Wednesday, October 31, 2012

A New Halloween Tradition: Horizontal Tree-Climbing

The lighting was a bit tricky for my camera, but this was an unexpected treat on my way to the grocery store to replenish our candy supplies:  kids in costume making the most of a storm-felled tree as an impromptu playground.  


A natural jungle-gym

A princess climbs up to join the fun

I am sorry for the loss of this big old tree, and for the property damage (at least two cars totaled), but it looks like there were no deaths or injuries from it, and I'm grateful for that, at least.

Tuesday, October 30, 2012

An Important Part of Recovery Operations

I went to Grand Army Plaza and saw that the entrance to Prospect Park was entirely unobstructed, and many people were strolling into the Park and around the interior roadway.  A very few folks were walking on the central lawn area (far from any trees).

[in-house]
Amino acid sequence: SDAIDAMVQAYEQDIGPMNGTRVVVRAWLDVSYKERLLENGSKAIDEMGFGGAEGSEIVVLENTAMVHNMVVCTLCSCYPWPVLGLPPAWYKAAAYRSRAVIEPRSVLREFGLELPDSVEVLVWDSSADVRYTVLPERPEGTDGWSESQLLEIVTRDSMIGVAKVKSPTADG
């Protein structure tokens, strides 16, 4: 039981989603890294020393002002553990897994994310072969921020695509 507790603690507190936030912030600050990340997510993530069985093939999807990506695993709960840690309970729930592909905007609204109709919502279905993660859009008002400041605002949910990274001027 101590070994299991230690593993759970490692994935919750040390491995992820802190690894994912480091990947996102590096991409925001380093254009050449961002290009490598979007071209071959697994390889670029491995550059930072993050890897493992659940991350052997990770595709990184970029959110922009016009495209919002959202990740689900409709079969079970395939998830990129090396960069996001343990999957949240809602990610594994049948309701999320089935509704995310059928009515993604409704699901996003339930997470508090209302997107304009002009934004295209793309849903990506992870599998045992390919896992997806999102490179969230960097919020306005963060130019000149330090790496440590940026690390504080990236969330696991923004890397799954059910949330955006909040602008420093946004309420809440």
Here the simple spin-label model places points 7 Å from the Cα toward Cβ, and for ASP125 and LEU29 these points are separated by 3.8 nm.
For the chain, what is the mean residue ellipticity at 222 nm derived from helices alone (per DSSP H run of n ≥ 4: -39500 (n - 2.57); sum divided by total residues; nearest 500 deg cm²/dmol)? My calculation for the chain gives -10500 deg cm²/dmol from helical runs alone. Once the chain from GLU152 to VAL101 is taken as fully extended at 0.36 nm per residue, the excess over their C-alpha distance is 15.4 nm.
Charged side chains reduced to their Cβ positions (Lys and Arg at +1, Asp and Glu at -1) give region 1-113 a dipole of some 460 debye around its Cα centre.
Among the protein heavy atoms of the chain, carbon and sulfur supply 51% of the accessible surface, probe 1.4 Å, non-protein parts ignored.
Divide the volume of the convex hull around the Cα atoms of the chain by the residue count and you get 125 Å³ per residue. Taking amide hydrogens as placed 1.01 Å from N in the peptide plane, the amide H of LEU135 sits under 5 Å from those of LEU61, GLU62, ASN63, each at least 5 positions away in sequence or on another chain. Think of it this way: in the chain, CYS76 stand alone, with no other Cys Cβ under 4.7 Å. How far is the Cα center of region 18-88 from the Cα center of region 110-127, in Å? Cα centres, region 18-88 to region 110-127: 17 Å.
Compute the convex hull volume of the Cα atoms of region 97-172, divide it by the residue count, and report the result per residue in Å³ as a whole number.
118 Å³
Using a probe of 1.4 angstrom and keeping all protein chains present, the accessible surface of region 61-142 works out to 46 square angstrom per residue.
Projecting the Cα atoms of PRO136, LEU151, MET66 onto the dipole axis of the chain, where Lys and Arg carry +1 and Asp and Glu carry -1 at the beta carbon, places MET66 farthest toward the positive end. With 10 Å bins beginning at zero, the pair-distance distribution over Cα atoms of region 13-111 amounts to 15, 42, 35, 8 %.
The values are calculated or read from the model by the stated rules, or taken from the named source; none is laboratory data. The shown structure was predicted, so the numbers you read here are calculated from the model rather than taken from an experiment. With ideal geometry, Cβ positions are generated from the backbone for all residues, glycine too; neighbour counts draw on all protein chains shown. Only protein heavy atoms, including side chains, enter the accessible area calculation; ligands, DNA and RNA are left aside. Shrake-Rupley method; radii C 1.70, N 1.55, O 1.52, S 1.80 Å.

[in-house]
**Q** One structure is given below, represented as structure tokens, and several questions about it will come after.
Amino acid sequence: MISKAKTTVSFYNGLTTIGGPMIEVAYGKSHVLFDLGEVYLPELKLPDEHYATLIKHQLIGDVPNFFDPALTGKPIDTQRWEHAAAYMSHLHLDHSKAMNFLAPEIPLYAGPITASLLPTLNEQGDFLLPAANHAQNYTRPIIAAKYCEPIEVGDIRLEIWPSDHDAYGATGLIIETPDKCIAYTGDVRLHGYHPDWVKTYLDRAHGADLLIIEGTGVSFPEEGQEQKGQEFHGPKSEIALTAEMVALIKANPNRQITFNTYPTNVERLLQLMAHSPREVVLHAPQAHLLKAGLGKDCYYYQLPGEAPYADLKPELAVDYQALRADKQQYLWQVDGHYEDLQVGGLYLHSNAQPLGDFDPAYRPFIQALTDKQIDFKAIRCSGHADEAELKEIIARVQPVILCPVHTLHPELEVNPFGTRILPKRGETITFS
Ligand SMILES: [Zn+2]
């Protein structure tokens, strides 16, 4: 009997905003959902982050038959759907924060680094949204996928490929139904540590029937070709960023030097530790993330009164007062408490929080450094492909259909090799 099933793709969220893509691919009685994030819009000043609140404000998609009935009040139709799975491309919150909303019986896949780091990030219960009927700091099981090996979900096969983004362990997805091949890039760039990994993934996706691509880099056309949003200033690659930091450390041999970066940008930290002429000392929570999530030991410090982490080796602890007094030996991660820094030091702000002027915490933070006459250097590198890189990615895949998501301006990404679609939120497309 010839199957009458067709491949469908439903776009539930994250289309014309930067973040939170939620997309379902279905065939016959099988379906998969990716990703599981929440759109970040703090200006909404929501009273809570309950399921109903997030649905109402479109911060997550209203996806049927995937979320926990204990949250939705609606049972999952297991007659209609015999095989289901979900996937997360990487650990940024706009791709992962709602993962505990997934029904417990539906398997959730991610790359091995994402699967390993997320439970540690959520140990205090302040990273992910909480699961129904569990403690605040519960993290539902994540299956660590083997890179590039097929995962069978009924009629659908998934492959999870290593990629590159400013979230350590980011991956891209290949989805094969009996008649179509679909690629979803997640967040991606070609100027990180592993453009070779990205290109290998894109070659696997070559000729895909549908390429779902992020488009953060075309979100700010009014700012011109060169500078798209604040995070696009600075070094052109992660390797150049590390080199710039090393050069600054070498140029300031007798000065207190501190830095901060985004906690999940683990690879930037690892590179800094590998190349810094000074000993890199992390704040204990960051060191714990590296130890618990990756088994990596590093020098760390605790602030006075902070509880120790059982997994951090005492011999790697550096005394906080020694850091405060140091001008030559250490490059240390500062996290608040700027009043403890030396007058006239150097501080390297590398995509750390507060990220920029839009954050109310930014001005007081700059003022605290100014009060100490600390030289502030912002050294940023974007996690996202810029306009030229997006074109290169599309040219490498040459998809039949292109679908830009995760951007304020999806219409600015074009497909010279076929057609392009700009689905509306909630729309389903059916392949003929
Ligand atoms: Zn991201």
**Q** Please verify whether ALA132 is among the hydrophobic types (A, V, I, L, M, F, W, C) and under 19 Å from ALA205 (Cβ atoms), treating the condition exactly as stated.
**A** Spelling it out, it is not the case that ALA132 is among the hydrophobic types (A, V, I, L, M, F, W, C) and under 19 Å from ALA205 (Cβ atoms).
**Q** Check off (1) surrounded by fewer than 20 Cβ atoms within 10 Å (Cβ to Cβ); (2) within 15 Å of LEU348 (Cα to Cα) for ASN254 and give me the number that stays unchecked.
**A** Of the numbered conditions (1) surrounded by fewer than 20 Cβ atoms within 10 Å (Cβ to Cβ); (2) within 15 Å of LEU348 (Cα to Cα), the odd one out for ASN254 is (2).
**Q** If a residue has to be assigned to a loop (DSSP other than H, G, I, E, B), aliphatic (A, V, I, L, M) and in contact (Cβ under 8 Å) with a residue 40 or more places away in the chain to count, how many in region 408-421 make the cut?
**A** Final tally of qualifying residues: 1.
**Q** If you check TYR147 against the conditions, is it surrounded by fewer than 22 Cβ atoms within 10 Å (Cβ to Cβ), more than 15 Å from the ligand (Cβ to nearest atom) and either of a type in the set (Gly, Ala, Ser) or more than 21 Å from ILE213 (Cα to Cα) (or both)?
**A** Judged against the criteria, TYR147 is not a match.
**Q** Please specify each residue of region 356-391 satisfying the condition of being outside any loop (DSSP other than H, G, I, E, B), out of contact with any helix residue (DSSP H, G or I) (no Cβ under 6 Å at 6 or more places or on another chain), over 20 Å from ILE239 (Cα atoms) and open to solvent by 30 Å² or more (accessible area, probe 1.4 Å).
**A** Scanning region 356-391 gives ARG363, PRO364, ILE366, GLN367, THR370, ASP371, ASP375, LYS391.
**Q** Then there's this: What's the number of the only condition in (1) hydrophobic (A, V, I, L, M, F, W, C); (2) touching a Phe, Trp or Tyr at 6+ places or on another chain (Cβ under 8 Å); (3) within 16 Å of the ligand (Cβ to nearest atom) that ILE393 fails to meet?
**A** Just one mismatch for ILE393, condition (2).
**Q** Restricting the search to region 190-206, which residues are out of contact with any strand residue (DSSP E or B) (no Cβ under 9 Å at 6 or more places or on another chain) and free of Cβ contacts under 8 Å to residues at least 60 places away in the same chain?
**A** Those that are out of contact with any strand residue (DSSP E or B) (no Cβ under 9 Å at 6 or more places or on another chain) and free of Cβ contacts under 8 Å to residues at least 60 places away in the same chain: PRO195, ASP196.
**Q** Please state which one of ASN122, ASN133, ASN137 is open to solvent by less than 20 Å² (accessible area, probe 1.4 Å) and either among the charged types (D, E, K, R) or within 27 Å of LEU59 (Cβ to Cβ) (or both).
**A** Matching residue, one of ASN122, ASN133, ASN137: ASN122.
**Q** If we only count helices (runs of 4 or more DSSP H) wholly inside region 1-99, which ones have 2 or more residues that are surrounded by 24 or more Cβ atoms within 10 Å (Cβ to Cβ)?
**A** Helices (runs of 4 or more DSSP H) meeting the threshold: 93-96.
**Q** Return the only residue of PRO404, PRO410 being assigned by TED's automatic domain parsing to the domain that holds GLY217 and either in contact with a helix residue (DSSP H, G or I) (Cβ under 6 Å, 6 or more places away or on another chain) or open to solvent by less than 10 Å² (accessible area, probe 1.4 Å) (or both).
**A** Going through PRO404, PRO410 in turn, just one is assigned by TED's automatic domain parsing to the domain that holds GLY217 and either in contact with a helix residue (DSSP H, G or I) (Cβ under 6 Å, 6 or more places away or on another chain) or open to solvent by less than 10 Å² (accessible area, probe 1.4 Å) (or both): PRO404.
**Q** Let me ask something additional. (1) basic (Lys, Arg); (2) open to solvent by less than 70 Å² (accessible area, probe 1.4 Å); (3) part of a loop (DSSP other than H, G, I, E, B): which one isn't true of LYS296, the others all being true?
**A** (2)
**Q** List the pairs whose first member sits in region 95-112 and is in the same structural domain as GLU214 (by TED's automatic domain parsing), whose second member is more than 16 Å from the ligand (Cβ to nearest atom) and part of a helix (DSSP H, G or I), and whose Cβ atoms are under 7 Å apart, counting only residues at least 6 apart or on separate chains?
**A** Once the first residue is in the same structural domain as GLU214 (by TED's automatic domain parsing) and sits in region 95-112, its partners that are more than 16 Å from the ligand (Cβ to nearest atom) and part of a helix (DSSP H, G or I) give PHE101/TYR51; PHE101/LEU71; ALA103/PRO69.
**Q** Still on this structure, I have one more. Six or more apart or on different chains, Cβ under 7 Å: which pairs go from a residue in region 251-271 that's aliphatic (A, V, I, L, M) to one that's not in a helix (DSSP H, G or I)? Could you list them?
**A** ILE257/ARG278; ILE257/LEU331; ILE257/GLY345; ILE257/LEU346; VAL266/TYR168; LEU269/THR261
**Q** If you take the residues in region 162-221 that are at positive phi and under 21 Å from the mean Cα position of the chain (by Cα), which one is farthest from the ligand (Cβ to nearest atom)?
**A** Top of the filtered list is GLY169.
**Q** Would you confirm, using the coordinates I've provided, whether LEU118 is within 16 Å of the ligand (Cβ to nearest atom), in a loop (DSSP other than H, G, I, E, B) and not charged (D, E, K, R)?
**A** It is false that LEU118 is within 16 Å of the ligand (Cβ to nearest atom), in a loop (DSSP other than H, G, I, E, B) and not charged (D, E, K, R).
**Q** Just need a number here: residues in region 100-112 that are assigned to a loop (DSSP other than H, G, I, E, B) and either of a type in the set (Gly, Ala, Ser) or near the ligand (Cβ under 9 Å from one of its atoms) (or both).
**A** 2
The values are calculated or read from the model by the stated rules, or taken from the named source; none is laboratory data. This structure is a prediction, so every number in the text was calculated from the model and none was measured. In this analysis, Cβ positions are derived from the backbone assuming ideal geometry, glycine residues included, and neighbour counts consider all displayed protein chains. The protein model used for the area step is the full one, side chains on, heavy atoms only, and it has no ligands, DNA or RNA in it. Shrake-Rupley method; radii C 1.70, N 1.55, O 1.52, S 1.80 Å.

There were a few large trees down, and some folks were posing for pictures in front of them.  

The feeling was very sedate and peaceful; a sort of Zen mood after a big storm.

Then I became aware of a muffled sound from across the other side of the park, a megaphone-amplified voice saying something like: "Prospect Park is still closed.  Please leave the park!"  Everyone kept strolling, as I did, and sure enough, an NYPD van slowly rolled up and by us, repeating this message of good cheer.

We did not visibly react to the announcement -- no one altered speed or direction of their stroll -- but we all quietly complied by exiting the park at the next exit we encountered.  In my case, this was the 3rd Street entrance, which (unlike the Grand Army Plaza entrance) is marked as "closed."

I couldn't help thinking that none of us were doing anything stupid or dangerous.  Surely, rather than deploying scarce NYPD resources to continually patrol the park and inform pedestrians that they must leave the park, they  could simply put up a barricade and signs at Grand Army Plaza? Admittedly, this alternative does require trust in our collective ability to exercise judgment and look out for our own interests, but it also frees up an NYPD van and drivers to where they might be better needed.